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July 27 2015, 10:25 AM

The Lies, My Friend, Are Blowing in the Wind

For today's update, Allen tackles the popular classical music drama Your Lie in April. He finds the music and art to be compelling but the characters, much less so.

Meanwhile, I've got an obscurity: the all-but forgotten Windy Tales, which was miraculously just licensed by Sentai after languishing for years. And I'm glad, too; it doesn't have the je ne sais quoi of some other experimental shows, but it's a worthwhile watch.

We "roll" along next week with another review for me and hopefully some other reviews as well. Stay tuned.

-Nick Browne

July 20 2015, 1:16 PM

The Comical Psychosomatic Sixth Sense

Even M. Night Shyamalan saw that plot twist coming.

I mentioned "uncomfortable combinations" as being the unifying theme of today's shows. In the first of these, supernatural fantasy a la xxxHOLic or Natsume's Book of Friends meets a wish-fulfillment protagonist and her cohort of clueless highschool friends. According to Allen, Re-Kan! has cute moments, and it benefits from the spirits themselves (mostly) being pretty cool, but the weak cast makes it hard for him to recommend.

Our second review comes from me: Comical Psychosomatic Medicine, an oddity of "edutainment" manga that somehow snuck its way into crunchyroll's lineup and, duly, gets a review from me. It's amusing, but mostly just silly, and if you're (understandably) uncomfortable with the idea of mental health being made light of, then you aren't going to like this show.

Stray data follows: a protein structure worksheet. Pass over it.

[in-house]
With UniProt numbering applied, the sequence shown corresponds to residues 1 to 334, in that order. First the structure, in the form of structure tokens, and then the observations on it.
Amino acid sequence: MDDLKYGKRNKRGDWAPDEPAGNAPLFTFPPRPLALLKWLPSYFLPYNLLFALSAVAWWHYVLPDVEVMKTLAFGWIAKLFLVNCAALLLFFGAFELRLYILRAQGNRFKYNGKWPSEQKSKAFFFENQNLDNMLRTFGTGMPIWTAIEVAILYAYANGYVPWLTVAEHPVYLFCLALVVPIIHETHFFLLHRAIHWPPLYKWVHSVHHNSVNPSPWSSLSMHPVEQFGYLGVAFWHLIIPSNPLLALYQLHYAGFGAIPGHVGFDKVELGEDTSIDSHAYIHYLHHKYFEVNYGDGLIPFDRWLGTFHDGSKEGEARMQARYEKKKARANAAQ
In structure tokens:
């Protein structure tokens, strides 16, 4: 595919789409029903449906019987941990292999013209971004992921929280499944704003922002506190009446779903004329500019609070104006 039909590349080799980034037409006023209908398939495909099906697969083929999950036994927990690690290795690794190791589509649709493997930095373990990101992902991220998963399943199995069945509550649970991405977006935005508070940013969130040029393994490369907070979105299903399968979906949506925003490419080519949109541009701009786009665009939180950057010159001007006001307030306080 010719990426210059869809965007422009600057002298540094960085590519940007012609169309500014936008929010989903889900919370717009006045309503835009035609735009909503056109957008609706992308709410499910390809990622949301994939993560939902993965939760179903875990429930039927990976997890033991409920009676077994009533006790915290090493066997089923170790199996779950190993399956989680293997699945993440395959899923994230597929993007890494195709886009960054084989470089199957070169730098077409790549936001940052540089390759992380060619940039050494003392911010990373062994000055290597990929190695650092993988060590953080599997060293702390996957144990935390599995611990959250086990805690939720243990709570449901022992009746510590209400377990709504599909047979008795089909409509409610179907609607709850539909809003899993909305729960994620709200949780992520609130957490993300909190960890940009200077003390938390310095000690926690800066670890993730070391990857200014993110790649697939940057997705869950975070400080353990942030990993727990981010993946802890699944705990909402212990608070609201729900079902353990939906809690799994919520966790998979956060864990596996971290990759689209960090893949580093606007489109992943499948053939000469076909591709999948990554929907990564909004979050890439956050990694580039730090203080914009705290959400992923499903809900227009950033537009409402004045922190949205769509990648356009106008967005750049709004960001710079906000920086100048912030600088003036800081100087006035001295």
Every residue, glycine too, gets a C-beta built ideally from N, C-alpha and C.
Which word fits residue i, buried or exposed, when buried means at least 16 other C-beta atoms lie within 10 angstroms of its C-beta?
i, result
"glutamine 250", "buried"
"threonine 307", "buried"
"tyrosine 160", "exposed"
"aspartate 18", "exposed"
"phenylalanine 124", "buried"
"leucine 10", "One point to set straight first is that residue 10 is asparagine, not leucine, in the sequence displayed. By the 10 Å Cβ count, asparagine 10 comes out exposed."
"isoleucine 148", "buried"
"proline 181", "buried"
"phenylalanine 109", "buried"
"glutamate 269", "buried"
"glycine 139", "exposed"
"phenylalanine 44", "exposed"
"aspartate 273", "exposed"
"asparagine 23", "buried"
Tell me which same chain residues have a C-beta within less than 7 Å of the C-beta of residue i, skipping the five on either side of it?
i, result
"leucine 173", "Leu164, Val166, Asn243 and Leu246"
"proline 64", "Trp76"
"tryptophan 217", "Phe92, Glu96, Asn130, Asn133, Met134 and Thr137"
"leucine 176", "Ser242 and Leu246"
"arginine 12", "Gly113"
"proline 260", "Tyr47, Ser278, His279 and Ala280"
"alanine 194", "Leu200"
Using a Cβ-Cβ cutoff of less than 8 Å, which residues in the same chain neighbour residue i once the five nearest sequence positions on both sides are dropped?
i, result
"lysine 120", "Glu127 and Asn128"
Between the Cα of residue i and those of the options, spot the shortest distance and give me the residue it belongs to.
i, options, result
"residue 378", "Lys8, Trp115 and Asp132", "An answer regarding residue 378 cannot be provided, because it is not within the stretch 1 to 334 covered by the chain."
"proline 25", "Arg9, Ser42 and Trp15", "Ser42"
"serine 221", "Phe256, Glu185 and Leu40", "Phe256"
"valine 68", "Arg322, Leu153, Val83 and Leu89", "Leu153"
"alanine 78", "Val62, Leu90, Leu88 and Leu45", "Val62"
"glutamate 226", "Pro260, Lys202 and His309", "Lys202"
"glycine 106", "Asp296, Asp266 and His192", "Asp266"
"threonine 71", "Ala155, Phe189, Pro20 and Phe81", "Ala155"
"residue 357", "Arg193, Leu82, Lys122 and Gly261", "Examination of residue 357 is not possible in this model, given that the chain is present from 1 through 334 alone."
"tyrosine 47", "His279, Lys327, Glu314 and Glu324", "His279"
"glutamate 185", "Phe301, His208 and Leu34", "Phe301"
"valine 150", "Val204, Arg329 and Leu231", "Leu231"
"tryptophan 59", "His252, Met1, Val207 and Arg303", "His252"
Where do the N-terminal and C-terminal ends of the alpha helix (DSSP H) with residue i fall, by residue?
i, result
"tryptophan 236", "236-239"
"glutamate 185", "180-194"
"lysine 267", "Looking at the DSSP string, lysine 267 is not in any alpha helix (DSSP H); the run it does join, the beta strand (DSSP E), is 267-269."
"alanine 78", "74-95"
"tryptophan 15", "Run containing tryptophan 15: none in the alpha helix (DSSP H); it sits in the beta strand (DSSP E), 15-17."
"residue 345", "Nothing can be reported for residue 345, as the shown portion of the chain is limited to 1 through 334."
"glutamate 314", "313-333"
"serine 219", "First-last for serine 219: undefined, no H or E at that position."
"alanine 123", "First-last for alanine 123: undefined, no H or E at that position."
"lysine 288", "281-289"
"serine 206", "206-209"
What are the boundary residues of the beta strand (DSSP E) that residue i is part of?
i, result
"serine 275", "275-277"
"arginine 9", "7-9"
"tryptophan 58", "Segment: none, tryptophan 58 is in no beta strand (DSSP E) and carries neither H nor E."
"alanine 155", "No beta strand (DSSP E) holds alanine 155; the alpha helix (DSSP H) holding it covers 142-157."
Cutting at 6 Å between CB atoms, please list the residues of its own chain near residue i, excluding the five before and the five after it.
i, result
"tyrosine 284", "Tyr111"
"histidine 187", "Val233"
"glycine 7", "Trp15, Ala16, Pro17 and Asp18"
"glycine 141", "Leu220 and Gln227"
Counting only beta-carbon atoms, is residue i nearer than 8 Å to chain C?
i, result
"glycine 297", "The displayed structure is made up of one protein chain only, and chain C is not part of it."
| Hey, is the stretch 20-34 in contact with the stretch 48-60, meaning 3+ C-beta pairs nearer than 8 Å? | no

It's Allen and I once more next week, where he neglects to tell the truth about T. S. Eliot's least favorite month and I tell tall tales about the wind. Stay tuned!

-Nick Browne

July 13 2015, 3:37 AM

The Society for the Study of Modern Visual SNAFUs

Back again this week, I have an overdue review of Genshiken, which works decently as an examination of otaku culture but is held back by its somewhat narrow, and rather male-specific, vision of it.

Allen, meanwhile, has good luck with the second season of My Teen Romantic Comedy SNAFU, which he deems a surprisingly mature entry in the crowded field of teenage anime comedy-dramas. Given that said genre is beginning to look a bit like the 2016 US Presidential primaries (read: overcrowded and full of also-rans), that's no small feat.

It's the two of us again next week, with some uncomfortable combinations in tow: a show that tries very, very hard to make mental health funny, and a show that's basically "Natsume Yuujinchou meets the concept of the waifu." See you then.


July 6 2015, 2:26 PM

Attack of the Deranged Mutant Killer Monster Zombie Robots

Needless to say, Stig would rather be reading Calvin and Hobbes than watching Plastic Memories. Comedy isn't its forte, nor is drama, for that matter. Its main strength might be in reminding Stig of how good the Time of Eve movie was, in comparison.

But...we've got some nicer "memories" to offset that with. There's also my review of Memories of Marnie, known in the U.S. as When Marnie Was There. It might be Studio Ghibli's last feature film, ever, and it's a damned good one.

Up next, SNAFUs and Otakus. Stay tuned!


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